She did not walk into her husband’s room.
She stopped in front of his closed bedroom and felt a flash of irrational anger at him. He was responsible for this. He had put her in this position that made her step out of the marital boundaries.
Strangely he would also be one with the biggest accusatory look if he ever came to know.
She went back to her room and tried to sleep. In desperate hope, when she woke up the next morning, perhaps this would be just a bad dream, she would forget with a cup of coffee.
The phone buzzed and woke her up the next morning. She looked at the time and realised the children and her husband had left for their schools and offices.
She looked at her phone and read his message.
Him : “Can we talk?”
No, she did not want to talk to him yet. She was not ready so she ignored the message.
He got the message.
What do I do, she moaned loudly wringing her hands in air in the closed bedroom. She replayed the sequence of events, in her mind and every time she did that, her mind twirled on a roulette of emotions starting with satisfaction, anger, frustration, fear and ending with desolation.
She did what any woman did, in her state, when life was crumbling all around. She called her best friend over and confessed.
They spend the day painstakingly discussing the details again and again. She cried a few times and felt her heart get a bit lighter as she shared her pain with her best friend.
They discussed what she said, what he said, what she did, what he did and what they did. They tried to find hidden meaning in his words and discussed possibilities of what he meant and what he could have meant. Each telling of the story with its scanty details changed the storyline. Towards the end it reached a point which loosely suggested he had taken advantage of her.
Sisterhood is a bond that transcends even the most powerful family ties. Every woman has a best friend that is usually a bit more than family in her world view. The sisters are best friends, worst enemies, close confidantes, life-support systems and usually aware of every little humiliating thought, deed and rash.
The second message arrived late evening.
Him : “when can we talk?”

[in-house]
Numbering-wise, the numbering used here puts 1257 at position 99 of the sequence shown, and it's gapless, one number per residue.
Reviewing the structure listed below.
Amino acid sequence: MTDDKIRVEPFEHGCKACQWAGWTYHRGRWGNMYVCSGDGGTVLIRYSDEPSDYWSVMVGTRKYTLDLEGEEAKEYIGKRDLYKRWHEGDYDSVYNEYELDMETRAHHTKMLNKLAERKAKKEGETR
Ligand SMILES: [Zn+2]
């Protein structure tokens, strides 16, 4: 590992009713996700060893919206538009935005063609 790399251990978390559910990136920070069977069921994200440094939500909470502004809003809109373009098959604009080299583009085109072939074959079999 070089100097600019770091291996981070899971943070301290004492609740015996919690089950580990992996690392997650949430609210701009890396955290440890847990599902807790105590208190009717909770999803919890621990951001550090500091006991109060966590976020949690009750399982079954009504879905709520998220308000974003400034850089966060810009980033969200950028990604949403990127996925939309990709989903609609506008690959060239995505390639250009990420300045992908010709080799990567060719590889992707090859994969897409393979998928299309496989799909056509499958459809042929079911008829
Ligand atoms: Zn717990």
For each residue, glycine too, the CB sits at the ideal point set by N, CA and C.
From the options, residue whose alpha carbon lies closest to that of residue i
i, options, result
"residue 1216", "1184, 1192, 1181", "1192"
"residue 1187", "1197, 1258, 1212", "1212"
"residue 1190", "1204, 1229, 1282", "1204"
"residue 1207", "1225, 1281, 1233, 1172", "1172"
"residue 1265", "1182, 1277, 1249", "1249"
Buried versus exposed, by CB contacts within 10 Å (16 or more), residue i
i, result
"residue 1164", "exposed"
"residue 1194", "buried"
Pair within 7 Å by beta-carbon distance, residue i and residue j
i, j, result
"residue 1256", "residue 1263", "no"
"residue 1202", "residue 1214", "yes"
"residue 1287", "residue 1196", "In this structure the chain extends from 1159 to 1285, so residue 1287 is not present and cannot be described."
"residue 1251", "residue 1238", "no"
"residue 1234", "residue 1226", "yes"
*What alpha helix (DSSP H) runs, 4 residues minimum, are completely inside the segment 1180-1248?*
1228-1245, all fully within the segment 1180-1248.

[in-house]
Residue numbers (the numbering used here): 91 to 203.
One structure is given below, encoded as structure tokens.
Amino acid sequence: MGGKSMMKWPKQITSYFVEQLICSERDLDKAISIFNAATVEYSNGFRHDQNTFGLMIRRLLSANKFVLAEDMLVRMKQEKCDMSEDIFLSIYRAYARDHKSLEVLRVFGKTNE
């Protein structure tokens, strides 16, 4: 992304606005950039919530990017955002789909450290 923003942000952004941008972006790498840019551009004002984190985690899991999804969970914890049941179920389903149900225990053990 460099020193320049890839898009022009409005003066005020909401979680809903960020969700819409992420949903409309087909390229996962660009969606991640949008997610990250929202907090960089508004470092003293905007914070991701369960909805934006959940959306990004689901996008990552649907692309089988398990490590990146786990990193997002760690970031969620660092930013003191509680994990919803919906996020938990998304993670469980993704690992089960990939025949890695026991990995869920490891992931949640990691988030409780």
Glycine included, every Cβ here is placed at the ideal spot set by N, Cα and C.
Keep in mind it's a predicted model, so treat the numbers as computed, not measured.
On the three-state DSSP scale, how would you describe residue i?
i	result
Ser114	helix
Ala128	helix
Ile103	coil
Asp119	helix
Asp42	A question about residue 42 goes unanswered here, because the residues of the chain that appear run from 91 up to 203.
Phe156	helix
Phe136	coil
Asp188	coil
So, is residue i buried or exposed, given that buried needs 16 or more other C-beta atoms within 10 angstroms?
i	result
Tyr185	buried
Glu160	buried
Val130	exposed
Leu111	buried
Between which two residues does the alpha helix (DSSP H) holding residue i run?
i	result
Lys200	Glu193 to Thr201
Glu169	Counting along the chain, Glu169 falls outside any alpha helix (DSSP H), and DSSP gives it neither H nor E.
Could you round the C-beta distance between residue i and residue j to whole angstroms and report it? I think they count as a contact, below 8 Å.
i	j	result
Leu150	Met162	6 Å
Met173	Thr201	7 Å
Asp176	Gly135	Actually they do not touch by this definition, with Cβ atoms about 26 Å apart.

They discussed every word in the message and debated possible responses for over thirty minutes.
Both finally agreed on the best response.
Her : “tomorrow afternoon”
He called the next day.
The conversation was confusing and disappointed her. She mostly kept silent. He kept stuttering and stammering as he tried to tell her that she should not worry and that everything would be alright.
He would always be her friend and would always stand beside her.
Men and women mostly speak a different language. The medium is common but the meanings are disparate because of the difference in their individual psyches. One is chalk and the other cheese.
She stopped his inane blathering with a snappy remark before she got more of a headache than she already had.
“What do you want?” he finally asked her.
Men are usually a confused lot when it comes to women. They grow up in the world surrounded by trade and commerce all around them. That makes up their life and most of their thinking revolves around this basic “give and take” principle of trade.
They had taken their friendship to the next level so now his inner thought told him there would be new set of “give and take” involved.
He was trying to figure out the changed contours of this new “give and take”.
“You cannot be in two boats at the same time,” she told him, “either be with me or be with your wife.”
That silenced him. The price she asked was much higher than he was willing to pay.
He sent a message after their conversation.
Him : “I love you but please think of my family and my children. I have responsibilities.”
Her : “Her or me. Decide.”
After three days of torturous waiting and no communication he send back the below message.
She came back to the present and reread the message.
Him : “Travelling to Mumbai for work tomorrow. Back after a week. Will explain.”
The hurt and the anger fought within her for a dominant emotional position again.
The time anger won.
She blocked him and deleted his number. He tried to call and message for a few days but she resisted every contact.
She was done and finished with him.
After a few days, he stopped calling. She threw herself in her work and tried to forget this ever happened.
It was hard but she has a good circle of friends. Sisterhood helped her get back to her life.
Loneliness, the enemy came back and this time she welcomed him with open arms. She treated loneliness like a new-found friend and he wept on her shoulder sometimes. Hush, she told him, when he cried, everything will be alright.
Time, they say, is a great healer.
The sisterhood kept nudging her to leave loneliness, her constant companion now, at home sometimes but she resisted.
She had learned to live with loneliness and often took him for a cup of coffee to a nearby coffee house. It was a place which gave her privacy so she could focus on her work and get the much-needed change of scenery from her home.
The tap on her shoulder while she sat at the coffee house, caused her to look around and she saw a young guy smiling back her.
He was not so young when she looked at him again. There is an age in a boy’s life when he sheds the imprudence and petulance of the teenage years and grows into a mould of a young man. Aggressive and shy at the same time, hesitant and blunt in the same sentence. A few years of working experience has given him the confident bearing that life demands. But his eyes reflect an immature vulnerability when he speaks to women, which is touching and sweet at the same time.
“Did it hurt?” he says softly with a smile, “when you fell out of heaven?”
She stops for a moment and smiles. Peeking out of the corner of her eye, she realises that her best friend, loneliness, has deserted her, to handle this one on her own.
“Really,“ she says peeved, “a cheesy pick up line is the best you have to start a conversation.”